Michael Mullan - João Amaral


Portuguese public life will be duller without João Amaral. The eloquent and charismatic communist dedicated 40 of his 59 years to his party, emerging from clandestinity to a brilliant parliamentary career. He was admired by figures across the political spectrum - with the exception of some of the dinosaurs in control of the party he loved and strove to renovate. The Republic’s president, Jorge Sampaio, praised “the decades spent in a great contribution to democracy” by a man he recognised as “a political and moral reference point in Portuguese society”.

Born in the Azores, at the height of Salazar’s fascist dictatorship, Amaral broke ranks with his conservative family background when he went to study law in Coimbra in 1964 and got involved with the student union movement, a front for the underground Portuguese Communist Party (PCP). After national service, he became secretary-general of the Oporto Metalworkers’ Union, until 1974, when the April 25 “revolution of the carnations” brought a bloodless end to the dictatorship.

Amaral was a cabinet aide in several of the provisional governments that preceded his election to parliament in 1976. Although the PCP’s electoral fortunes dwindled, Amaral held his seat time after time and was deputy speaker of the Assembly by 2002, when the party de-selected him for speaking his mind too freely. During his career as an MP, he had the distinction of being the very first communist to sit in NATO’s parliamentary assembly.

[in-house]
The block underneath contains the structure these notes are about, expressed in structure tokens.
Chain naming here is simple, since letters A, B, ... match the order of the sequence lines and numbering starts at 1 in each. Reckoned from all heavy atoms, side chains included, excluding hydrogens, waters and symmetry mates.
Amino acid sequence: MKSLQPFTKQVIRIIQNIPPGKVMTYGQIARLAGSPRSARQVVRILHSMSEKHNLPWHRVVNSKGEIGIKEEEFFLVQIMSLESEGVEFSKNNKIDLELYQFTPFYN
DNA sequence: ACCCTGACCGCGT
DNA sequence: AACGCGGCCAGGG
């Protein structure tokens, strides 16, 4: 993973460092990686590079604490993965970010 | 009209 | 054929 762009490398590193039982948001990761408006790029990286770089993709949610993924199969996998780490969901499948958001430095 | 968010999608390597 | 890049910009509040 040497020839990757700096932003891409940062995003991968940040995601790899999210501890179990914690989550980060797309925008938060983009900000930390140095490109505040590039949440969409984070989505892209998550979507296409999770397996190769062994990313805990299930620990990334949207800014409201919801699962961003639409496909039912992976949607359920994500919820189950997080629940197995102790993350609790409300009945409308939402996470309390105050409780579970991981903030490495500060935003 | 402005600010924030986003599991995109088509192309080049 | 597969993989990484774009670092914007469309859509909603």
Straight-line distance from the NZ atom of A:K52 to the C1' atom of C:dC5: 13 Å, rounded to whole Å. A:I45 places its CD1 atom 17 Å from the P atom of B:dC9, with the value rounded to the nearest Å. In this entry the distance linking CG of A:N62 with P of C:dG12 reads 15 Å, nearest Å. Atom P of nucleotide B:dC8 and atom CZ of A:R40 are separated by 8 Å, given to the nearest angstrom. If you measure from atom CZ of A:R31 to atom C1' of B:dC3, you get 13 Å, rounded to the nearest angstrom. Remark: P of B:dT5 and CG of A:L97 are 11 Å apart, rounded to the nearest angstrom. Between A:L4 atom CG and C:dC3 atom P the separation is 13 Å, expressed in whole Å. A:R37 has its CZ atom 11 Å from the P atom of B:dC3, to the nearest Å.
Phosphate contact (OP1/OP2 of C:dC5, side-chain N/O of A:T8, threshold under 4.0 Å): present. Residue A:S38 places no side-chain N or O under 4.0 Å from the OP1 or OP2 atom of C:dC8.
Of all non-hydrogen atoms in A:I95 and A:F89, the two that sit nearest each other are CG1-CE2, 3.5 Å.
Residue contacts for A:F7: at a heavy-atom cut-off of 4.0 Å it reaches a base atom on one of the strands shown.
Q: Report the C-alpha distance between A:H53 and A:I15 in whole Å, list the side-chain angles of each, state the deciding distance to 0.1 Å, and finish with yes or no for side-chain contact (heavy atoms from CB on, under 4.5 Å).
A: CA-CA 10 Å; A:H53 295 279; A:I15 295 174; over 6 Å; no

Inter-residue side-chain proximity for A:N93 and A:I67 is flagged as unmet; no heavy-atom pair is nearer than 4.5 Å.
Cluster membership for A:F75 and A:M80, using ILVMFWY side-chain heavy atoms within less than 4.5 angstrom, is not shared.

He also headed, from 1989 up to his death, the municipal assembly of Lisbon. Even after his left-wing coalition lost the Lisbon elections in 2001, the capital’s councillors still chose the witty, snappily dressed, workaholic and heretical communist to chair their debates. His heresy was straightforward: after the collapse of the Eastern bloc, and the retirement of veteran PCP leader Alvaro Cunhal, Amaral was one of the most prominent “renewalists” - renovadores - in his party.

These PCP stalwarts argued that the “democratic centralist” structures that held the party together as the backbone of the resistance to the dictatorship were now past their sell-by date. Amaral often outraged the party hierarchy by using the public media to argue for open and free debate within and around the PCP, “a party that has a future as well as a past”, as he put it.

Of his most prominent comrades in the renewal tendency, Luis Sá died of cancer (as has Amaral); Edgar Correia and Carlos Luis Figueira were brutally expelled; Carlos Brito was suspended. Amaral, who had given so much to the PCP, stuck with it even when it dropped him from the parliamentary ticket last year, absurdly accusing him of disloyalty for having questioned the leadership’s hostility towards the Socialist Party. It would have been a public relations disaster for the PCP to have expelled such a popular figure.

Even after his death, the leadership sent a bland telegram of condolence to the family of “the citizen João Amaral” - not the comrade, the tireless fighter, the sparkling parliamentarian - and none of the PCP leaders turned up at his wake. Amaral’s widow, Luisa Gueifão, arrived at the PCP headquarters shortly after his funeral, with her four sons and her sister-in-law, to hand back their party cards.


João António Gonçalves do Amaral, politician: born Angra do Heroísmo, Azores, 7 December 1943; died Lisbon, 10 January 2003.

Michael Mullan - Obituaries...

Spanish translation by Juan Manuel Grijalvo (pending)...